Late last year, eight patients with a fatal neurological disorder gathered in Newton, Mass., with their loved ones and a handful of scientists for a crash course: ALS 101.
Their goal: to learn everything they could about amyotrophic lateral sclerosis, also known as Lou Gehrig's disease.
Their instructor was Jamie Heywood, a 34-year-old engineer turned teacher, scientist and pharmaceutical entrepreneur who, in 1998, took his own course when his brother Stephen was diagnosed.
Heywood quit his job at a neuroscience think tank in California and headed home to Massachusetts to take care of his brother. He's now taken on the task of finding a cure for the disease, which strips away the body's motor neurons and leaves its victims trapped inside their bodies. A progressive paralysis takes hold, and patients die within an average of five years of diagnosis, when the motor neurons that guide respiration give out.
"The thing about Jamie," says Stephen, "is that he can be very focused, but not for a long period of time." But as Stephen Heywood's disease has progressed, his older brother's determination has not lost its fire. His efforts remain focused on trying to produce treatments for the 30,000 people diagnosed with ALS--a disease with no known cure.
The Heywoods are a new breed of patient advocates: people who want to speed the science along by raising money that allows researchers to pursue ideas that might not qualify for scarce federal funding. These brothers have gone a step further: They started the ALS Therapy Development Foundation and hired scientists to carry out the studies.
The brothers, supported by their parents, are collaborating on a project called FDA 2000, a plan developed by Harvard's Dr. Steve Gullans to test all 1,500 drugs approved by the U.S. Food and Drug Administration to see if any can work against ALS. This is the first time scientists have taken such an approach.
The goal is a shortcut to an effective ALS drug; the development of new compounds can take more than a decade. So Jamie Heywood became executive director of the foundation and began, in effect, to build a pharmaceutical company from the outside in: hire the scientists, design the studies, stock up on mice. "This is definitely the way to go," he said.
And he knows he's racing against time. "We can now screen thousands of drugs and play it backward. Anything that is promising in mice becomes stunningly important as a candidate in human ALS."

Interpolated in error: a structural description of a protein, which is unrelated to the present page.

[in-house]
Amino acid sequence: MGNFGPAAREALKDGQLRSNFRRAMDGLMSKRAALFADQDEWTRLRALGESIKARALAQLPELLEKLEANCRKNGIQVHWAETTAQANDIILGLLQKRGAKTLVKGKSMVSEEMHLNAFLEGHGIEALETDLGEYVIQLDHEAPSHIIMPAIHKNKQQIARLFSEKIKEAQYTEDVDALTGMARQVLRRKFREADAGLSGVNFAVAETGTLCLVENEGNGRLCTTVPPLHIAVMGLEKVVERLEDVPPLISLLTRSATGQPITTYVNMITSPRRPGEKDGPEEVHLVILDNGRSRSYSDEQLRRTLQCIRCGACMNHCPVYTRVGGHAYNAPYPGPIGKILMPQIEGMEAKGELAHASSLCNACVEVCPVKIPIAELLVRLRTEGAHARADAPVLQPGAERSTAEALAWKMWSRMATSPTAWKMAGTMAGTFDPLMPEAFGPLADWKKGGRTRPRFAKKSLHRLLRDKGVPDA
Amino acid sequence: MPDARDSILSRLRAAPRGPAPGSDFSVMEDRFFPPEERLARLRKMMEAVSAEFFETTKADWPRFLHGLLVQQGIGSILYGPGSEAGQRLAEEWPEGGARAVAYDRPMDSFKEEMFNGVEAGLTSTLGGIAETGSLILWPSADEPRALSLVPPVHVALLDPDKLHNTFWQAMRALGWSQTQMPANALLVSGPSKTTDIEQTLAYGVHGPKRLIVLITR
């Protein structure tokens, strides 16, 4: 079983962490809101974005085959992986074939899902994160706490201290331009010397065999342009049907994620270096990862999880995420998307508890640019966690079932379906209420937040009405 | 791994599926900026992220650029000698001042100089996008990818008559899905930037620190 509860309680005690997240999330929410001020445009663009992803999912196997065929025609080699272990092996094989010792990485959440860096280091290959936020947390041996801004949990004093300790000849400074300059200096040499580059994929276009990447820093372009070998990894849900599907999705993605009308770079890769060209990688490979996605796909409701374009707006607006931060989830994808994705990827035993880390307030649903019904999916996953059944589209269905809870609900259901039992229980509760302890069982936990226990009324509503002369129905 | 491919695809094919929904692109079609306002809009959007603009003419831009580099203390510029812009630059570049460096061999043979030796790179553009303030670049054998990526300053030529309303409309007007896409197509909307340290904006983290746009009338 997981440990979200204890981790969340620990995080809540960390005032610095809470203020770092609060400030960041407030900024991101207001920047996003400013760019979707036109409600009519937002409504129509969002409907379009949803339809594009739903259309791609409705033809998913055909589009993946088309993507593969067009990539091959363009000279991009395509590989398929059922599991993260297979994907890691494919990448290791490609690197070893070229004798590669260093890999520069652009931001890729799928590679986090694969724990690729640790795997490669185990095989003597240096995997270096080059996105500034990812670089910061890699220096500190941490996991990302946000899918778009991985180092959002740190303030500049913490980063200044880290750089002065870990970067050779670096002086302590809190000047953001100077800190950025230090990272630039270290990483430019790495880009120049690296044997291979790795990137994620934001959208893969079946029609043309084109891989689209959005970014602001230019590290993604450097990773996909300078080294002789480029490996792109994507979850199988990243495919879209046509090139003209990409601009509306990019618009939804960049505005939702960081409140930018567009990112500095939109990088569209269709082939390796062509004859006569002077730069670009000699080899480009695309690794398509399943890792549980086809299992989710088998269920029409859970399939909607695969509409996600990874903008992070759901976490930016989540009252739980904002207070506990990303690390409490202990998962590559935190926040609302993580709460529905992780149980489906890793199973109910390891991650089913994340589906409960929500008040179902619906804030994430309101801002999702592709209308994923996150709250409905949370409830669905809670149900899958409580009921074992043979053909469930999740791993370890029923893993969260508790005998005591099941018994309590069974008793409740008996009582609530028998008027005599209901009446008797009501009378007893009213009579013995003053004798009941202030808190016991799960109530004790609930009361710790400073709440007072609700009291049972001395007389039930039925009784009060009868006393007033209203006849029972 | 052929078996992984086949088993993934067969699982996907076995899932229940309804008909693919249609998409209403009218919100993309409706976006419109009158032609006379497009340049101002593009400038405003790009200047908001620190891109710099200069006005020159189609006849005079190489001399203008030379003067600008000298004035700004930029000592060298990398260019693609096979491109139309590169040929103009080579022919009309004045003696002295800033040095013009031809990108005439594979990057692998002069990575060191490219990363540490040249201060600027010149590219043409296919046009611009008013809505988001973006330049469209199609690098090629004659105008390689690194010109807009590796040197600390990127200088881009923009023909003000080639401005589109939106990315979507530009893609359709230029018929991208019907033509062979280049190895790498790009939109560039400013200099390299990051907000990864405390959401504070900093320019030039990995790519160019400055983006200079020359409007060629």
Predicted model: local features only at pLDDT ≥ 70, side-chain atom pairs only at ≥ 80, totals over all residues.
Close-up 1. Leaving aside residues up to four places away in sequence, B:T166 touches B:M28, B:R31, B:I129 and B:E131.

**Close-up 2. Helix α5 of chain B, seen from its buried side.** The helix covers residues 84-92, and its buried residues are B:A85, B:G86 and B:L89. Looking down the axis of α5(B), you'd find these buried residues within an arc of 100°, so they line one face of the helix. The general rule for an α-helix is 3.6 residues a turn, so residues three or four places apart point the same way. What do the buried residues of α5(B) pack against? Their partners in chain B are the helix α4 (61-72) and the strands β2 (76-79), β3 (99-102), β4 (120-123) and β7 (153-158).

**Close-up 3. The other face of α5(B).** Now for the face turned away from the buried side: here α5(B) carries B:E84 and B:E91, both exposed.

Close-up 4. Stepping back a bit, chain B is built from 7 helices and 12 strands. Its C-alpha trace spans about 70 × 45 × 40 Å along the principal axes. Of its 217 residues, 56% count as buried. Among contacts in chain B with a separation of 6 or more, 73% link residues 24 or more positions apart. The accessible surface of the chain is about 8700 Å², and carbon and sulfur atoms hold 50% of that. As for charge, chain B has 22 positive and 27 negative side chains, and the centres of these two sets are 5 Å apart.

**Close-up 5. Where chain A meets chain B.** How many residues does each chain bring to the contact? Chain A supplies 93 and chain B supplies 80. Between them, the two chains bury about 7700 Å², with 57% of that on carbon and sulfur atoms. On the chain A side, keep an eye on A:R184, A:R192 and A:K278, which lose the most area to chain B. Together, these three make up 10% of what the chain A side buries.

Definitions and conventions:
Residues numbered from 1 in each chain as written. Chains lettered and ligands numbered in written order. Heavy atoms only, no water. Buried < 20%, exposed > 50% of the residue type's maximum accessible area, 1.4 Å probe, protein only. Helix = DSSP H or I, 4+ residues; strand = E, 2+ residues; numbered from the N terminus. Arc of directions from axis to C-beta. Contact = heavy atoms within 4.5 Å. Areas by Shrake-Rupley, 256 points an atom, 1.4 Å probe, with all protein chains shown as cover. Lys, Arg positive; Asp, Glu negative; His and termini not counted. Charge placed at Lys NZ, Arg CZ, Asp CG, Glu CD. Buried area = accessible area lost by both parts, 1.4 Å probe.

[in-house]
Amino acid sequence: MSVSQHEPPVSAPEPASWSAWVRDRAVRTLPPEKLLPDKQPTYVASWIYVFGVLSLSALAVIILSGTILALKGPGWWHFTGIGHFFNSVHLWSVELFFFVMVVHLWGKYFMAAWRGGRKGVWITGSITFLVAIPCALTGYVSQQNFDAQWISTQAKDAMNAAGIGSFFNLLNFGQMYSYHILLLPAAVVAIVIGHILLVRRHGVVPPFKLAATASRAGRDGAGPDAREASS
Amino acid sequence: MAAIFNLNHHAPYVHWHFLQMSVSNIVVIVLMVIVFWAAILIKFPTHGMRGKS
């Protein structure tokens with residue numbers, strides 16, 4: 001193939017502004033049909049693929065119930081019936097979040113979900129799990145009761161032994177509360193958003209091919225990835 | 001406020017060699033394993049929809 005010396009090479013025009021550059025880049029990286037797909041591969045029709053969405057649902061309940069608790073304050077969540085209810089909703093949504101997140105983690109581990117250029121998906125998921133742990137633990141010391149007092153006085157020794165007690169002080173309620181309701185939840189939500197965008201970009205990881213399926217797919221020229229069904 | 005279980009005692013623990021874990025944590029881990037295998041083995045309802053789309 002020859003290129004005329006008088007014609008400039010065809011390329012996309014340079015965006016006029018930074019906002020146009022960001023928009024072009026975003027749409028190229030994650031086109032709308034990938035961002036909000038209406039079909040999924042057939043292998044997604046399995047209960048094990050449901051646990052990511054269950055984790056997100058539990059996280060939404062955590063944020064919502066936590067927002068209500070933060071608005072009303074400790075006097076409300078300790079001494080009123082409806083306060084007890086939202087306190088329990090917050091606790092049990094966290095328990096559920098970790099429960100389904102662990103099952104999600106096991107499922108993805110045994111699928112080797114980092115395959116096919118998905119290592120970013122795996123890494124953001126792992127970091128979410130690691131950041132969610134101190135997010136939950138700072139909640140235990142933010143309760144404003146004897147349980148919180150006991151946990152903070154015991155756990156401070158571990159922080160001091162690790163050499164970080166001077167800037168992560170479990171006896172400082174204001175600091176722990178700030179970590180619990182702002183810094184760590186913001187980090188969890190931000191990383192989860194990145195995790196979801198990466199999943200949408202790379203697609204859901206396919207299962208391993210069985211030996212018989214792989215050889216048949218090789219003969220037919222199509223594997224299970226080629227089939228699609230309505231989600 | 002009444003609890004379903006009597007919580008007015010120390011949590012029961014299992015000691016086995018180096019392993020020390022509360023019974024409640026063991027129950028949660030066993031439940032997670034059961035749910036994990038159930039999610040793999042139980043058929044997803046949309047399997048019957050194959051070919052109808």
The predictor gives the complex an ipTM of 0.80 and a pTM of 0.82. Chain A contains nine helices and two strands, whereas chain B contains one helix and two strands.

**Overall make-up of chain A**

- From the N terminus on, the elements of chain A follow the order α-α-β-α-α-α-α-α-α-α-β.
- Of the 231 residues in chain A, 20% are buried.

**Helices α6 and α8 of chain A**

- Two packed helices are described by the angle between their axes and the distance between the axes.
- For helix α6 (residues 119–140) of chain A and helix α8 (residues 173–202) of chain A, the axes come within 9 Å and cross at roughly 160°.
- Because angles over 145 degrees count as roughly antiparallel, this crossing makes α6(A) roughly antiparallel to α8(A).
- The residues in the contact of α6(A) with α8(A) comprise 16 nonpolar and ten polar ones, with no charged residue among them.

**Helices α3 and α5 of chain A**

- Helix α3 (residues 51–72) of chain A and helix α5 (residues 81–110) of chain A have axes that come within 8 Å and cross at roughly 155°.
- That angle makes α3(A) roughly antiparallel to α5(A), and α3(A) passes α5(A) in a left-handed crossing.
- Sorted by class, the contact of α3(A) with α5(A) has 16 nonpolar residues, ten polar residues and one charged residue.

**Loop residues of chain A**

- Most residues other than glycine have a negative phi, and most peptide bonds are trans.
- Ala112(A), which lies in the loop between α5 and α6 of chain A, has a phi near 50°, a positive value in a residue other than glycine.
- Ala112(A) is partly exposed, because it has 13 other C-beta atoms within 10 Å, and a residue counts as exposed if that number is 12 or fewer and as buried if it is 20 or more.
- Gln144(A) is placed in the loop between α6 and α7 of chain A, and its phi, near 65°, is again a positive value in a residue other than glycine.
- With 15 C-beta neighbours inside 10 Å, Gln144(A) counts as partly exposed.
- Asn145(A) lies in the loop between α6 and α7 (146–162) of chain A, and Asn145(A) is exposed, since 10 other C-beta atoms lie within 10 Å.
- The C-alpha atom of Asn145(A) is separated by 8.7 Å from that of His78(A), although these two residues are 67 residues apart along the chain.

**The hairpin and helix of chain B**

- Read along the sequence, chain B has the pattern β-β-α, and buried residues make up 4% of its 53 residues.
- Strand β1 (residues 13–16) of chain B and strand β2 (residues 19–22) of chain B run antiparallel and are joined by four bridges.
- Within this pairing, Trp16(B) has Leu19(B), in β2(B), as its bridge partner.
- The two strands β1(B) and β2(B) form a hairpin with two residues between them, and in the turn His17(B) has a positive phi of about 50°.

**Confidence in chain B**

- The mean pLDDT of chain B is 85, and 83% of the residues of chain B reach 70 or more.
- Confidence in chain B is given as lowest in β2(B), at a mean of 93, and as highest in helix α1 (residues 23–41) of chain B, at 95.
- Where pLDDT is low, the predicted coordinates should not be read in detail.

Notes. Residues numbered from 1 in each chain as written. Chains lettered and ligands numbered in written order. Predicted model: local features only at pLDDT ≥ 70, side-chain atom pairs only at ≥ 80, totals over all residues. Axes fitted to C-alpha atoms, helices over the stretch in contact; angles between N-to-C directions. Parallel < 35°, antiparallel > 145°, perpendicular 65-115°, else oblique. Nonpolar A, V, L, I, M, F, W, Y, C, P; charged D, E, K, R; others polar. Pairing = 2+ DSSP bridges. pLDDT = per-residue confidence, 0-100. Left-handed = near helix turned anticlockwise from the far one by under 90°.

Heywood and his staff--including six scientists--work closely with Gullans, a scientist who turned his attention to ALS when a relative was diagnosed. It was Gullans who proposed the radical approach of "opening the medicine cabinet and testing every drug."
Gullans is funded in his new career by Heywood's organization and Project ALS, another research and advocacy group started by the Estess sisters of New York City, one of whom has ALS. Gullans is hoping that medicines already in the pipeline could have an impact not just on ALS but also on other neurological disorders.
The first round of tests targeted neuronal cells primed to die a death similar to ALS motor neurons. (Motor neurons themselves are too finicky to use in testing.) The scientists identified about 30 promising drugs. Further testing found that eight of the 30 were potent enough to warrant more tests.
That's where Jamie Heywood comes in. He hired the scientists and opened two laboratories in Boston, where hundreds of mice engineered to develop ALS are going to be tested with Gullans' "hit list" of drugs.
Gullans said it is too early to release the names of the medicines.
Already, research data suggest that a massive inflammatory system attack occurs in the diseased motor neurons. Scientists who have analyzed spinal cord tissue from ALS patients have found the same thing: reactive astrocytes and microglia, evidence of an inflammatory process. Gullans and others now believe there is a powerful inflammatory component that could be driving the motor neurons--the cells that crowd the spinal cord and receive messages from the brain that coordinate movement--to death.
When Heywood set out to find a cure for ALS, what he read was discouraging. Many medicines had been tried, all unsuccessfully. Then he read about glutamate transporter protein, which seemed to be missing in the spinal tissue of ALS patients. He called Dr. Jeffrey Rothstein, an ALS researcher at Johns Hopkins Medical Institutes whose work on the gene that produces the glutamate transporter protein convinced Heywood that gene therapy to repair the glutamate transporter system was a potential cure for his brother. An animal study suggested that the concept would work.